Interview With Roger Langridge and Andy Hirsch About The Baker Street Peculiars

The Baker Street Peculiars #1

Now out is issue #1 of The Baker Street Peculiars, a miniseries set in the world of Sherlock Holmes but focusing on three street urchins. It’s written by Roger Langridge and illustrated by Andy Hirsch. The publisher arranged for me to ask them a few questions, answered here. And my thanks to everyone for the opportunity!

How did this concept come about? What inspired the story?

ROGER LANGRIDGE: During a conversation about what I might do for them next, BOOM! expressed an interest in a book about a kid detective gang. The first thing that pops into my head when I hear the words “kid” and “detective” in the same sentence is Sherlock Holmes’ Baker Street Irregulars, so I went away and thought about that, and what sort of twists one might add to the concept to make it seem immediate and relevant to today’s readers… and also what might make it exciting and interesting for me to write. A big inspiration for “The Case of the Cockney Golem” (the Baker Street Peculiars’ first case) was an old episode of The Goon Show, the 1950s BBC radio series, in which statues come to life as a result of a strange fog (it’s never really explained in the show!). The golem connection was all mine, though… or at least it was, until Andy’s golem design took it to another level.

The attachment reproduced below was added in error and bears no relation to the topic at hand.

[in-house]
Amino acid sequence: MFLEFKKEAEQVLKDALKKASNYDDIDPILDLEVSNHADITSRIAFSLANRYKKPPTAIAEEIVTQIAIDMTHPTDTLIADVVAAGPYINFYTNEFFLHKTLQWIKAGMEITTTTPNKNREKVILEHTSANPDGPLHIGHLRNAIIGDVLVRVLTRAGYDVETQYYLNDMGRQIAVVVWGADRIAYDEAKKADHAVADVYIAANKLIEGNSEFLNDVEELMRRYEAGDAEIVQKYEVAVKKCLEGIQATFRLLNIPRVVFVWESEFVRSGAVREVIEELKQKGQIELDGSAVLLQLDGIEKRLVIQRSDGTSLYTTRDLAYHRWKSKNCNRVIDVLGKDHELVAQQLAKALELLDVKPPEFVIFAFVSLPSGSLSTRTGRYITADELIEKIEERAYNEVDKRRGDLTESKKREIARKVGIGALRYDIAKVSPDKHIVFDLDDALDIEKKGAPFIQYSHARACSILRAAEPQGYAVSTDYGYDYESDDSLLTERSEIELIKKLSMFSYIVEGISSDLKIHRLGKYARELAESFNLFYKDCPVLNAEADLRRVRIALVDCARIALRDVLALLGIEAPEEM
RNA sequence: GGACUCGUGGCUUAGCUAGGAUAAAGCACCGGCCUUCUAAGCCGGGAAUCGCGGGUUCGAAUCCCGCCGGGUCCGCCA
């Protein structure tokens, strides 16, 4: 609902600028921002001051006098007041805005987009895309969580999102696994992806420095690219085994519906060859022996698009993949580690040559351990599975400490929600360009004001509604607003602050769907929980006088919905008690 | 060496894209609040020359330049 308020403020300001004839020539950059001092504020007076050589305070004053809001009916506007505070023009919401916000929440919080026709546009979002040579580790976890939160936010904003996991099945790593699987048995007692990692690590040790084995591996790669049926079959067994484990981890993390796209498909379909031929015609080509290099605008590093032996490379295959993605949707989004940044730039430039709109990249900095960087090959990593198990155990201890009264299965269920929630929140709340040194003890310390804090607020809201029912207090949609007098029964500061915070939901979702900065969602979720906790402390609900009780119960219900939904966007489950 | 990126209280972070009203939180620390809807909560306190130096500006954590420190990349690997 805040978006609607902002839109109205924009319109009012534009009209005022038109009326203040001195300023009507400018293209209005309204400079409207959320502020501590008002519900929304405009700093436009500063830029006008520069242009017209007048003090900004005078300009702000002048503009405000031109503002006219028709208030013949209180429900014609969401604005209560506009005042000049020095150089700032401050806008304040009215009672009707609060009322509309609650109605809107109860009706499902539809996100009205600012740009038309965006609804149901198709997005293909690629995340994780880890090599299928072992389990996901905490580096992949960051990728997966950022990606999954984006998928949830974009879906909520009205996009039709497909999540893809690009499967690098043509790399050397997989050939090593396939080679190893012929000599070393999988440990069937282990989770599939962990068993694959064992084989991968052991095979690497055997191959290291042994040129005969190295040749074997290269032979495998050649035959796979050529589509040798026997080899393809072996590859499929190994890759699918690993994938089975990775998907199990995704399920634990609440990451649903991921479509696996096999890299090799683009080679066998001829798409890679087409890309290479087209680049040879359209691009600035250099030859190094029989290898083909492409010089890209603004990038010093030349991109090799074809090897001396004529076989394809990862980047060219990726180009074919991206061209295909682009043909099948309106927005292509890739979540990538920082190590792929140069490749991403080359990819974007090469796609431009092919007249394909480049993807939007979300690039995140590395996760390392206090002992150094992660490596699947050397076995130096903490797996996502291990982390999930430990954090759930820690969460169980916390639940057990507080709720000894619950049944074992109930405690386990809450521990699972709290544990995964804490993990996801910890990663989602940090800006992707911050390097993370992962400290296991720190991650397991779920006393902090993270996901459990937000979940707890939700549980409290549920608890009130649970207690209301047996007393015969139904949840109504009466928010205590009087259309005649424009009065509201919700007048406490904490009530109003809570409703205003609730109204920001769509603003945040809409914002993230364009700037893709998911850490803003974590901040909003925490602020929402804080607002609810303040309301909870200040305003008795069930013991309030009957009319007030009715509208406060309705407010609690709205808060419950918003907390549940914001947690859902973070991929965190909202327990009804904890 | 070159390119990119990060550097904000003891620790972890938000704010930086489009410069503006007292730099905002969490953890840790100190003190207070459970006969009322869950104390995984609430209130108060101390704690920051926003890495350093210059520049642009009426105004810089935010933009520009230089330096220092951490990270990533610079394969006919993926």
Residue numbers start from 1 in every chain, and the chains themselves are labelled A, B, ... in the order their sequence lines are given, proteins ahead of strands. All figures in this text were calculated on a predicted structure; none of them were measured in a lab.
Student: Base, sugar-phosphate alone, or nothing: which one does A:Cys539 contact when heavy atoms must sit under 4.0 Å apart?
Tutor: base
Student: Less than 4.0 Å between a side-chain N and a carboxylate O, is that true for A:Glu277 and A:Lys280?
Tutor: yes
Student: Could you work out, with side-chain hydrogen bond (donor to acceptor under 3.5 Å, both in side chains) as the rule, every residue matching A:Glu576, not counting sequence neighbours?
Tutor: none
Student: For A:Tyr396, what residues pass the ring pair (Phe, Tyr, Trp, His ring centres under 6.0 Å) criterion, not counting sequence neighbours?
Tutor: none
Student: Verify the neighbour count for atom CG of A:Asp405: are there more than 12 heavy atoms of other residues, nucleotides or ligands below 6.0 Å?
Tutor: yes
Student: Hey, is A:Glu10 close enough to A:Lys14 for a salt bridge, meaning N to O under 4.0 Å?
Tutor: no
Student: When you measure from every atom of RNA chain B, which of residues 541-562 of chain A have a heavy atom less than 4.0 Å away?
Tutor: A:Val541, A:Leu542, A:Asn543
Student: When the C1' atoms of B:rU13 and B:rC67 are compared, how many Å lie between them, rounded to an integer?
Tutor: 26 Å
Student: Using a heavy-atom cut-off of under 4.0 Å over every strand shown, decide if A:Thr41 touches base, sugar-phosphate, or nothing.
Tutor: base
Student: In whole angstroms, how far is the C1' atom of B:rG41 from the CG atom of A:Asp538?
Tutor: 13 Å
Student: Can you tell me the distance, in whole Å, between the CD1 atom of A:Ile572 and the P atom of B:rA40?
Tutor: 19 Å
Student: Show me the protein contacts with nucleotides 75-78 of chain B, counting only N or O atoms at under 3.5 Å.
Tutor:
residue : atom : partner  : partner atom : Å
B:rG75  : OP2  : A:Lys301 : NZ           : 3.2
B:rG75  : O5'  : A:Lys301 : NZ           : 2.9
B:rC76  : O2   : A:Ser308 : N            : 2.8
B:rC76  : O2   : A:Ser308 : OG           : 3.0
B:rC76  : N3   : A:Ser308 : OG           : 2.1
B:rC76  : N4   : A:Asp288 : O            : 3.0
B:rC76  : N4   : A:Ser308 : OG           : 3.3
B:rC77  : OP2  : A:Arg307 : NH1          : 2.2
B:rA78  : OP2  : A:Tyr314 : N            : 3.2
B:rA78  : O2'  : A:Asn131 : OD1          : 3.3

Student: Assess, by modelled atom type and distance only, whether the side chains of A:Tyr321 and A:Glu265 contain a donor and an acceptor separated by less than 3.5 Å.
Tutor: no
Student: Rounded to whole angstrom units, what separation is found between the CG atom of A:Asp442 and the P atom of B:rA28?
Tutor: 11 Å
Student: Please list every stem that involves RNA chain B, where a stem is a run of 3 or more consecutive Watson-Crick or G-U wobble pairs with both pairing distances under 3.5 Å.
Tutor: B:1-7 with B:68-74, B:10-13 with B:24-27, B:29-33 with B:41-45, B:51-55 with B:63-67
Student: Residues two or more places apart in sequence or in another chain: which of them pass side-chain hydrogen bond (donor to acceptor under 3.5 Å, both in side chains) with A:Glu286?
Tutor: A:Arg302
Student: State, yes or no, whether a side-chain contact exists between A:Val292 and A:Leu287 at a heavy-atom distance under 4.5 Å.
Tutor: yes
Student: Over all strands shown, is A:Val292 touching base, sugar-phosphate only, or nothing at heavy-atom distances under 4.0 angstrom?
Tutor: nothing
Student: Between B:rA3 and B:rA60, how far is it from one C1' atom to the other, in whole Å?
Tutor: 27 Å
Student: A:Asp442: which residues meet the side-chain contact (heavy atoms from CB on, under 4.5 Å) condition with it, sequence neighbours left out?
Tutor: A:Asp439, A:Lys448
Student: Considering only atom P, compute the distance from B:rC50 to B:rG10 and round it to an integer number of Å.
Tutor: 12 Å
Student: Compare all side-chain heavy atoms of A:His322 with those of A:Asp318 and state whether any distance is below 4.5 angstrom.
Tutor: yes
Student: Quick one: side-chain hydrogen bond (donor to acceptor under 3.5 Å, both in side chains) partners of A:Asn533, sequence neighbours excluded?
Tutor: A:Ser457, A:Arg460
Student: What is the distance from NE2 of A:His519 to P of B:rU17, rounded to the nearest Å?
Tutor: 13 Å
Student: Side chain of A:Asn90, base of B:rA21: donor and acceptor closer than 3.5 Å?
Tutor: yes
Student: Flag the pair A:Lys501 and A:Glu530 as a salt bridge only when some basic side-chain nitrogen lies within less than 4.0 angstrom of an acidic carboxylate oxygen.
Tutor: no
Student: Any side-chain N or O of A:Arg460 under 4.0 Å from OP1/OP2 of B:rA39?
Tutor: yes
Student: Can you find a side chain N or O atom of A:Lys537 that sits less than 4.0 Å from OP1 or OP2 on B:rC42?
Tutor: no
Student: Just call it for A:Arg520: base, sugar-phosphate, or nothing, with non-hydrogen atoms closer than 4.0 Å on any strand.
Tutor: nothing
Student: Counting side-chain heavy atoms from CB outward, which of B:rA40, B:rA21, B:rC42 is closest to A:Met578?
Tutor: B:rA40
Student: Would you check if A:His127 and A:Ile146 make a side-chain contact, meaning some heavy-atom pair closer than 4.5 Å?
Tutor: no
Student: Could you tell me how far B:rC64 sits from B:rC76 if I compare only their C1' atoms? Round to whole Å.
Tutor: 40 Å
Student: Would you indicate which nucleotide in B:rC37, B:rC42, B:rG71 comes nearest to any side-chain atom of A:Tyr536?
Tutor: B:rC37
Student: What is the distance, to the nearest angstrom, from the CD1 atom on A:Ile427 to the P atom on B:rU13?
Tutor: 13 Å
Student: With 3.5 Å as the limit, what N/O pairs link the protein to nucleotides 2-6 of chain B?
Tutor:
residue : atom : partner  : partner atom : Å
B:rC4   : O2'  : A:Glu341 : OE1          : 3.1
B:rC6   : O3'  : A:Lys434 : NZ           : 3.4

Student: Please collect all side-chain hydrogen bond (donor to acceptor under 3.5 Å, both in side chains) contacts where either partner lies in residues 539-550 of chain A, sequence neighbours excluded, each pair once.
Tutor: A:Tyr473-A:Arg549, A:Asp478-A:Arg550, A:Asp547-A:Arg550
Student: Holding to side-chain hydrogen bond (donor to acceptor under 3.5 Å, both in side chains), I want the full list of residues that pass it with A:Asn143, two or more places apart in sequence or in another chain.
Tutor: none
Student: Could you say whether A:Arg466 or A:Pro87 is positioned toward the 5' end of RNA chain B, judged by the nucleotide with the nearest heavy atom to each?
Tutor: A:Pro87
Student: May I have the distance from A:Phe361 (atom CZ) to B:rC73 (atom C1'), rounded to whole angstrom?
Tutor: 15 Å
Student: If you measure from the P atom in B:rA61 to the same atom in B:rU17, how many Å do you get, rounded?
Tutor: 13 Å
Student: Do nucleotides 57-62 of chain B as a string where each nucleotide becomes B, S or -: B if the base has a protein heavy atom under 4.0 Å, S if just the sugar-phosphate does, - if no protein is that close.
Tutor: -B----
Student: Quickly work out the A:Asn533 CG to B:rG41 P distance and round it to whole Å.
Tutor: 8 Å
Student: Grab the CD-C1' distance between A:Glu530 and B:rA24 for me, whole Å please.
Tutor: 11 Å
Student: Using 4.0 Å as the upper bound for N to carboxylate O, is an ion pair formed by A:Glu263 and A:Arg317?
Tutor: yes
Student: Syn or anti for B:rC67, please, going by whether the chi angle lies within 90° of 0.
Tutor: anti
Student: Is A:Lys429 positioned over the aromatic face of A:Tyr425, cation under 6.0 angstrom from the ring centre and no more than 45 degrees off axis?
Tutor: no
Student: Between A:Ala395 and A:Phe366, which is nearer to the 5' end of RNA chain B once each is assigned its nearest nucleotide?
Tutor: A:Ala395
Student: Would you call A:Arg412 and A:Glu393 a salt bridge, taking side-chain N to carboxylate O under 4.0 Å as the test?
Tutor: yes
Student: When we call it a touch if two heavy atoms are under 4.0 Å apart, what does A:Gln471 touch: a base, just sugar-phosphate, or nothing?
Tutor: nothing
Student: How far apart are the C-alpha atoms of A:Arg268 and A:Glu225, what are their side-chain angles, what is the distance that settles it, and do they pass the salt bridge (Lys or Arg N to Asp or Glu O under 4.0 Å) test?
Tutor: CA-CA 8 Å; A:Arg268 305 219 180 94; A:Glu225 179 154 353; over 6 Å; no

The Baker Street Peculiars pages 2-3

How did you come to work together, and what’s the process you used in creating this comic?

LANGRIDGE: Andy and I are mutual fans of one another’s work and have been corresponding off and on for a while. It was BOOM!’s suggestion to put us together on this project, but it suited both of us down to the ground, and it was a new (and fun) experience for me to have that back-and-forth at the conceptual stage. I like to think that we came up with something that neither of us would have necessarily come up with independently of one another.